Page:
‘Village pantry’ provides food to poor virus victims
MANILA: A concept that utilises the innate goodness of the Filipino to help the poor has taken the country by storm amid the COVID- 19 pandemic that let millions jobless and unable especially to provide adequate food for their families.
Called “community” or “village pantry,” it operates on the principle espoused by young businesswoman Ana Patricia Non in Filipino but translated into English thus: “Give whatever you can, take only what you need.”
Non, 26, firmed up the concept by buying a bamboo cart and initially filled it with some grocery items and parked it in front of her furniture shop in a “barangay” (village) in suburban Quezon City, Manila. As she put it, the idea is simple enough.
People drop off whatever food they could donate — fresh vegetables, sweet potatoes, canned goods and similar items — to be picked up by people for free but no one should get more than what they need.
But more than that, Non pointed out that many of the supporters are not from rich households as she said: “It goes beyond the mainstream and elitist notion that in donation campaigns. Only the rich provide for the poor.” She cited as examples in an interview with the Philippine Daily Inquirer, the country’s biggest circulation daily, the case of a farmer who donated a sack of potatoes from as far as Tarlac province in Central Luzon.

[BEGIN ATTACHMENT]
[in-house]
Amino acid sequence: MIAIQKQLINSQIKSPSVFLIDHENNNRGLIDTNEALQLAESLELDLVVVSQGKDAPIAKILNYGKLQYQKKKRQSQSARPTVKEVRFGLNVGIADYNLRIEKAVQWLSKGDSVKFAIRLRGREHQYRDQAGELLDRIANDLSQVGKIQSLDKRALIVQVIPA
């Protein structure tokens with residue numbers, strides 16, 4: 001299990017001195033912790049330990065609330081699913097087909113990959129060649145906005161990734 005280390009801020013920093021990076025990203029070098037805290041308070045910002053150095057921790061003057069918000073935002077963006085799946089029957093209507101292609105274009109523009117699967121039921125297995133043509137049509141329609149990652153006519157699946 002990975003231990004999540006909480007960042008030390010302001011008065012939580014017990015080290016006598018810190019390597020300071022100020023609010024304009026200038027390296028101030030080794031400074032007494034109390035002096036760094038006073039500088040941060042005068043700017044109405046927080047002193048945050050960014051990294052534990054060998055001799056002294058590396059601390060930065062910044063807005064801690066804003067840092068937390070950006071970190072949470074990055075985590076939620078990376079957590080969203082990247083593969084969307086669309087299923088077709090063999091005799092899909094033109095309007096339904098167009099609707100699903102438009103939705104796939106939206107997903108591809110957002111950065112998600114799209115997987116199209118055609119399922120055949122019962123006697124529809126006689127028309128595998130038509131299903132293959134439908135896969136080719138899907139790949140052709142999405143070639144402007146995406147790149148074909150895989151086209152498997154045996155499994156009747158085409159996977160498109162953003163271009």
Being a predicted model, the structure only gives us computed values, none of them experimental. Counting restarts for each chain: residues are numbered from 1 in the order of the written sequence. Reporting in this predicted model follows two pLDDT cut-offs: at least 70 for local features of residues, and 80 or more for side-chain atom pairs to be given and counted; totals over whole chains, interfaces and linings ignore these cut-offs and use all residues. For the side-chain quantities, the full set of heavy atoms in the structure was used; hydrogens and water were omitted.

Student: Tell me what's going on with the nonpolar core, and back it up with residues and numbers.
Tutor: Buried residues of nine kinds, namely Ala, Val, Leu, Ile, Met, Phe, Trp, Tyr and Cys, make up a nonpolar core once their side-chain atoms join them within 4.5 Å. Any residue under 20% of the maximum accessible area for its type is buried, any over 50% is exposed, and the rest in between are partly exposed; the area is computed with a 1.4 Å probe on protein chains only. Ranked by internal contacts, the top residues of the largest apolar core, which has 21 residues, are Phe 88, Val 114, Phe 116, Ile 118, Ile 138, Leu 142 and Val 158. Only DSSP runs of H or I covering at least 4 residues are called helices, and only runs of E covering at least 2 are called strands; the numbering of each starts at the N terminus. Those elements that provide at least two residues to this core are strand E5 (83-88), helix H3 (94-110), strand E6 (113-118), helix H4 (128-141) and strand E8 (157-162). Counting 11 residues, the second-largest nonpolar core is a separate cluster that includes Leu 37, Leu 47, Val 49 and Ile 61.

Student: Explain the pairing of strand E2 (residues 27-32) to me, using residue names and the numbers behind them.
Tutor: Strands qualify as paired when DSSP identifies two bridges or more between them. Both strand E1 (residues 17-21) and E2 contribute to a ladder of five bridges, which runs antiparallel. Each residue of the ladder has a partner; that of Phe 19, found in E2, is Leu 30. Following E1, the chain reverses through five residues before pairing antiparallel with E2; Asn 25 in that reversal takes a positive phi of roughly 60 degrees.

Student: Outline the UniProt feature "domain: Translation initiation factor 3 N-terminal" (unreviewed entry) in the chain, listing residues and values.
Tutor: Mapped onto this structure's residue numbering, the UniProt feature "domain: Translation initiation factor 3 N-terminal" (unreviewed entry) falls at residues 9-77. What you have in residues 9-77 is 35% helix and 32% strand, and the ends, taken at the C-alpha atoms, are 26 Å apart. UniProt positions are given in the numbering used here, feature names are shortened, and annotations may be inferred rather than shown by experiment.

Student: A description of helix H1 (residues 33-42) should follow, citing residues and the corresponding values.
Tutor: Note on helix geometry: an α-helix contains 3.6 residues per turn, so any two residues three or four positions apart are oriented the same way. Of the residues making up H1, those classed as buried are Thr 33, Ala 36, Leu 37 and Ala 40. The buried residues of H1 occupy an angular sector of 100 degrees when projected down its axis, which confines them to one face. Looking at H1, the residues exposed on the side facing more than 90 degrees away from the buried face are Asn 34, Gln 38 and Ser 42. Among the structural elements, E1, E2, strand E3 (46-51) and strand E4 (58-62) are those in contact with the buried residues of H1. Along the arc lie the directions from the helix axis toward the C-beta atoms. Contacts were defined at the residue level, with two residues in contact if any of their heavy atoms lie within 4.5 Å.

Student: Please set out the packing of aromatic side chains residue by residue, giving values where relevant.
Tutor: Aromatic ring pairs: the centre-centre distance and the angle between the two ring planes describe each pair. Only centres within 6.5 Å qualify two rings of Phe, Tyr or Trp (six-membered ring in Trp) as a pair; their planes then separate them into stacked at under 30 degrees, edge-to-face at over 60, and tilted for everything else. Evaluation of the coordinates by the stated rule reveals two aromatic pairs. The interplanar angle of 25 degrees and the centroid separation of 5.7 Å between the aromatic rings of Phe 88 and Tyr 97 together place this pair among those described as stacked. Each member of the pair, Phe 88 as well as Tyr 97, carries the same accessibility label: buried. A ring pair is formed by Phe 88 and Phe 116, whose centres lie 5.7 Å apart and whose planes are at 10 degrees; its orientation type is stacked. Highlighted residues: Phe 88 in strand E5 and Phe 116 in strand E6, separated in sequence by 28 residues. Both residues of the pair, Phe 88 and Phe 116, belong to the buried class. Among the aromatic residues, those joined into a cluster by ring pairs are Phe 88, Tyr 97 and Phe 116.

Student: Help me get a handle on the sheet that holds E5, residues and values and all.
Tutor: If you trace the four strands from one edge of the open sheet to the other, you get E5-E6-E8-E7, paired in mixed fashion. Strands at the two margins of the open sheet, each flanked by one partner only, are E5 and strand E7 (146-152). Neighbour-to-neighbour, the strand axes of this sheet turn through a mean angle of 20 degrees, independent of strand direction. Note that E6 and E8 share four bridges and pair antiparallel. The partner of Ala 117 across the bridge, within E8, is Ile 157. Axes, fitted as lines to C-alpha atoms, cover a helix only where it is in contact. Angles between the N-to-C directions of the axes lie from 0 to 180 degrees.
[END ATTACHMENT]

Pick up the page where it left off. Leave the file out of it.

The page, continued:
Another example Non cited was the case of a tricycle driver who volunteered to help repack donated rice. As she put it herself, “the community pantry is not for charity but mutual aid.”
Non posted what she did on social media and immediately received remarkable responses and praises, highlighted by the establishment of similar pantries not only in Metro Manila but also in provinces in Luzon, Visayas and Mindanao.
According to sociologist Athena Charanne Presto, the concept is the ordinary citizen’s way of taking action in the face of crisis. “Community pantries can be seen as acts against three things: first, against a government that fails to adequately address citizens’s needs; second, against a bias and discriminatory view of the poor as selfish; and third, against aid initiatives from institutions that are difficult to trust,” she explained.